Half-Orc: +1 D&D Guide *Glows*

DND –> DND Races–> Half-Orc

When it comes to this race in Dungeons & Dragons, you have to go beyond D&D. What I mean by this is that there is a lot of material outside of the tabletop roleplaying system. As you might know, Tolkien wrote about orcs before the first D&D edition came out.

What you might not know is that Orcus and Orc appeared in tenth century literature. They’re not the orcs we know (and love) today, but taking a look at them and how they eventually lead to this race being playable in fantasy tabletop RPG campaigns is quite interesting.

The Origin of the Orc

In the 10th century, Orcus (written as Orc), referred to a “Goblin, spectre, or hell-devil.” The more general description of the orc wasn’t very fleshed out, but the fact it appears in real-life history is what caught my eye. As time went on, the idea of the orc tool hold.

A monster called Orcus was mentioned in Edmund Spenser’s 1590 Faerie Queene. Additionally, the Oxford English Dictionary records an Early Modern period orke, meaning “ogre,” in Samuel Holland’s 1656 fairy tale Don Zara del Fogo. Once again, it’s not the modern orc (which is distinct from an ogre!), but it’s represented.

Orc ain Modern Literature

As I mentioned above, JRR Tolkien took the idea of an orc and really ran with it. If you’re a fan of his Lord of the Rings series, you know what I’m talking about. Tolkien’s orcs are foul creations made to serve evil wizards and the dark lord Sauron. The word orc is used in many other fantasy novels and games as well.

The Evolution of the Orc

In games like Dungeons & Dragons, the word orc is used to describe a race. The orc was in the very first D&D edition and continued to be an evil creature in the game. Along the way, the idea of a playable orc started. Players were finally able to play as an orc, and it was glorious.

Playing a Half-Orc in D&D

Here’s a look at the evolution of playing this race in Dungeons & Dragons over the years.

First Edition of Dungeons & Dragons

In the first edition of Dungeons & Dragons, there are no semi-orc characters. Roger E. Moore’s article, “The Half-Orc Point of View” published in Dragon #62 (June 1982) was one of the early ideas of using orcs as not only monsters in the game. This trend continued, albeit slowly.

In the article “Hey, Wanna Be a Kobold?” by Joseph Clay in Dragon #141 (January 1989), orcs and other monster races were presented as player character races. This is when the idea of playing a orc character really began to take off.

Second Edition of Dungeons & Dragons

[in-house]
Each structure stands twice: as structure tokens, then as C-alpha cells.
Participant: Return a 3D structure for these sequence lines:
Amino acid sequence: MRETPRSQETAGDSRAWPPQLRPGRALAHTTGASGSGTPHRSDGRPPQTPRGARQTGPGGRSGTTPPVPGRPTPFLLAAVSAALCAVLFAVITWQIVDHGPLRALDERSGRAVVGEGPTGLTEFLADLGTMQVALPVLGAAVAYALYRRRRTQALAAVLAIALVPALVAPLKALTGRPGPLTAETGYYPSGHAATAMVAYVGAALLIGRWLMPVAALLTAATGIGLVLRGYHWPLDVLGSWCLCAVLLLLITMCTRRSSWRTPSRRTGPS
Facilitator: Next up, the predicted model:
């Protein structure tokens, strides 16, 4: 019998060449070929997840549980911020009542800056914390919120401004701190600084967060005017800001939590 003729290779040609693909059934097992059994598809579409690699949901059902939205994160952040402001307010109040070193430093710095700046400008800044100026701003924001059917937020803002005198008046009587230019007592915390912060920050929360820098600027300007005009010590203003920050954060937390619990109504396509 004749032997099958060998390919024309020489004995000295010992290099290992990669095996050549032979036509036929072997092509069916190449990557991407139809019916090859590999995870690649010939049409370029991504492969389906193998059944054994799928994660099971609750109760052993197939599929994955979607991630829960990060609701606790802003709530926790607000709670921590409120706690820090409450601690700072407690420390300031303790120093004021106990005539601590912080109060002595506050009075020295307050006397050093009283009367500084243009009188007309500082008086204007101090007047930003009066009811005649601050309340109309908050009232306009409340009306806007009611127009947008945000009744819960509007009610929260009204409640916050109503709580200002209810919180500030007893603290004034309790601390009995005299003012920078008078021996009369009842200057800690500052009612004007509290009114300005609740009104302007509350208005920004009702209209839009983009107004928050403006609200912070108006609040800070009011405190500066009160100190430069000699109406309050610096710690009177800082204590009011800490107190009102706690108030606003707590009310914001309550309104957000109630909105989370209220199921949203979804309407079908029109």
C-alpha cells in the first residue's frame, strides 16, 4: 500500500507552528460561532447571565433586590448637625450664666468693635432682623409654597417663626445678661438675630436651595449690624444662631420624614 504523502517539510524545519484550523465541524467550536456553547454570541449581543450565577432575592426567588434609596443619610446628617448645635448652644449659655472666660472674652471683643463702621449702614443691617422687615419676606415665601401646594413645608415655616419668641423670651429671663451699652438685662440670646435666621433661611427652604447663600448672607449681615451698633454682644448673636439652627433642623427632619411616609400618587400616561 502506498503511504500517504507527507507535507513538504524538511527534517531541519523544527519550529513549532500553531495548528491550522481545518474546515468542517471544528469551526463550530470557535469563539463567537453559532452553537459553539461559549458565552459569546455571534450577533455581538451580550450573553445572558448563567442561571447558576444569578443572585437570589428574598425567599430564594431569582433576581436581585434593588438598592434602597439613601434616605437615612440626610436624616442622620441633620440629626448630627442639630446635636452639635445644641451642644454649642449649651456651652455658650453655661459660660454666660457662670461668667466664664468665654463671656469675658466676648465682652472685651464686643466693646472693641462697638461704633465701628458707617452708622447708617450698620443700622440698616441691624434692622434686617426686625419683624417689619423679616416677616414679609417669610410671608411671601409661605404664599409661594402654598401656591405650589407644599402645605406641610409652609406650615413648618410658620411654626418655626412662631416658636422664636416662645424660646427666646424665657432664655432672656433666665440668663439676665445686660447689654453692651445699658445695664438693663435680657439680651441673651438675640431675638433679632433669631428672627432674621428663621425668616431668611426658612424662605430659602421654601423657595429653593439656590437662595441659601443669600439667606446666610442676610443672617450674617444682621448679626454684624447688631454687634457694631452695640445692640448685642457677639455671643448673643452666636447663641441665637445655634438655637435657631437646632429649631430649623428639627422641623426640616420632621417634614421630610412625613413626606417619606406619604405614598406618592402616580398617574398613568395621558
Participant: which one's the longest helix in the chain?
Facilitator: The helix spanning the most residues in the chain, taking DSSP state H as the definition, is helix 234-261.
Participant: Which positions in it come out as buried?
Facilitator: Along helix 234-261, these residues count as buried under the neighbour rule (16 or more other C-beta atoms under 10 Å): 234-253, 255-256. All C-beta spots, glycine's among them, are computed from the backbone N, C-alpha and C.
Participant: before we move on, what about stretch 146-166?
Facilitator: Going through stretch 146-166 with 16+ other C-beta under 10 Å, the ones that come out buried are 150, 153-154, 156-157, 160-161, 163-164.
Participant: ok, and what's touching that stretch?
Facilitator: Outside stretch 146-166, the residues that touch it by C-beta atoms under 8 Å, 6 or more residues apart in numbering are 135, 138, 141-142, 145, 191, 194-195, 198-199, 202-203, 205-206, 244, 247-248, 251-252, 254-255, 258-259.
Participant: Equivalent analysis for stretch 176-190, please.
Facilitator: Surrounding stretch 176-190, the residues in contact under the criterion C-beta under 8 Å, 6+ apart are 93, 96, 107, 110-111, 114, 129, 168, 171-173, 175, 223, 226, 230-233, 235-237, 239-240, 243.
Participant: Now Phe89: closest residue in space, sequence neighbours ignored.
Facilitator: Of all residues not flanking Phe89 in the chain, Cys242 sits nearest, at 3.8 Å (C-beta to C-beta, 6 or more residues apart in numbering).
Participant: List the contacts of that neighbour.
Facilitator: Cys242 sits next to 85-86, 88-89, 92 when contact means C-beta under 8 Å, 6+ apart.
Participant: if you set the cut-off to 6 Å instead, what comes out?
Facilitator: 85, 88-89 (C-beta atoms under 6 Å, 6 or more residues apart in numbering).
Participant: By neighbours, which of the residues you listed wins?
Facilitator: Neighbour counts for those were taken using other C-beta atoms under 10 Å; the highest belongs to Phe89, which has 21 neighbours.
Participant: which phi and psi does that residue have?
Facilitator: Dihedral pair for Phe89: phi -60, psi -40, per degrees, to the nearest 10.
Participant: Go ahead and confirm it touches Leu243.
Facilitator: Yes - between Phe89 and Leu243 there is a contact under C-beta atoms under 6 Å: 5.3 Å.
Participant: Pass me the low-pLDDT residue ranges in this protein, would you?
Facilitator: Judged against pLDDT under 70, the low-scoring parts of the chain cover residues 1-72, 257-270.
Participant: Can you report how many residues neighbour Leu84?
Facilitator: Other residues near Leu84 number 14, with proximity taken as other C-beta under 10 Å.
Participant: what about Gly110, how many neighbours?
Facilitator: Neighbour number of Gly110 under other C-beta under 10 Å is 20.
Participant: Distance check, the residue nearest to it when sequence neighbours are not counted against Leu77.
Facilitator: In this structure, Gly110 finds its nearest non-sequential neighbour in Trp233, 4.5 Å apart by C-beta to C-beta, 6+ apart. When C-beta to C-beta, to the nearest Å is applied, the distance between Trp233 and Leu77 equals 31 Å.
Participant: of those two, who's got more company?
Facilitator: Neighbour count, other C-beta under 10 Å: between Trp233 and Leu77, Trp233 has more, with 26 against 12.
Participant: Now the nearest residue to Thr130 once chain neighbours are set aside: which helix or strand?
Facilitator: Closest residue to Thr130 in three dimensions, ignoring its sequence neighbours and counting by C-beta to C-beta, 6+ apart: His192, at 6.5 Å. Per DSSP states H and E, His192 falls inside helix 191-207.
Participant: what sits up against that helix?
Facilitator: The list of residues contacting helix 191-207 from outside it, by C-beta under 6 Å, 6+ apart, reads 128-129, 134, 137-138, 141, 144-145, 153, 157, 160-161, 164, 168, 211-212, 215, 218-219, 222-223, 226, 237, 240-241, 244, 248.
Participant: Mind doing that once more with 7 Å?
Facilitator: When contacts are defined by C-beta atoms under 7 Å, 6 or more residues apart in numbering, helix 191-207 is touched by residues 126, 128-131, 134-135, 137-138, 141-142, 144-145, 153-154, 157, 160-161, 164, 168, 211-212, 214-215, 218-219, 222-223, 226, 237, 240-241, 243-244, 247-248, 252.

Ever popular in the second edition of D&D, the orc appears in the Monstrous Compendium Volume One (1989) and is reprinted in Monstrous Manual (1993). However, it’s no longer possible to play a half-orc in D&D 2nd edition. The half-orc was a standard player character race which typically picked the assassin class.

However, half-orcs were removed in the second edition of the game at first. They were briefly brought back in Players Option: Skills And Powers in 1995.

Edition D&D and D&D Beyond 5e

This spectacular race makes a triumphant return in D&D 3e…and subsequent editions.

Half-Orcs in D&D Novels

There’s not a lot of half-orcs in D&D books, but there’s Kendermore by Mary Kirchoff. One of the characters is a half-orc, and it’s a good story set in the realm of Dragonlance.

Half-Orc FAQ

Here’s a list of frequently asked questions about the half-orc.

Can half-orcs have human skin color?

Good question! In general, half-orcs are known to have grey or greenish skin, but in rare instances some DMs may allow your character to appear more human.

How old can half-orcs live?

In general, if they don’t die in battle, burned to a crisp by a fireball, they can live up to 75 years on average. Your DM’s world might treat them differently, of course, which is fine. The best thing is to talk to your DM and ask how long half-orcs live in their world.

Can a half-orc be a Ranger?

Yes! In fact, with the racial bonuses, a ranger is a very good choice indeed. You’ll usually get a bonus to Strength and Constitution, and that fits really well with the ranger class. This doesn’t mean, however, that ranger is the best class for a half-orc character!

Paul Bellow

LitRPG Author Paul Bellow

Paul Bellow is a LitRPG author, gamer, RPG game developer, and publisher of several online communities. In other words, an old school webmaster. He also developed and runs LitRPG Adventures, a set of advanced RPG generators powered by GPT-3 AI. Here at LitRPG Reads, he publishes articles about LitRPG books, tabletop RPG books, and all sorts of DND content that's free to use in your personal tabletop campaign - i.e. non-commercial use. Enjoy your stay and reach out on Twitter or Discord if you want to make contact.

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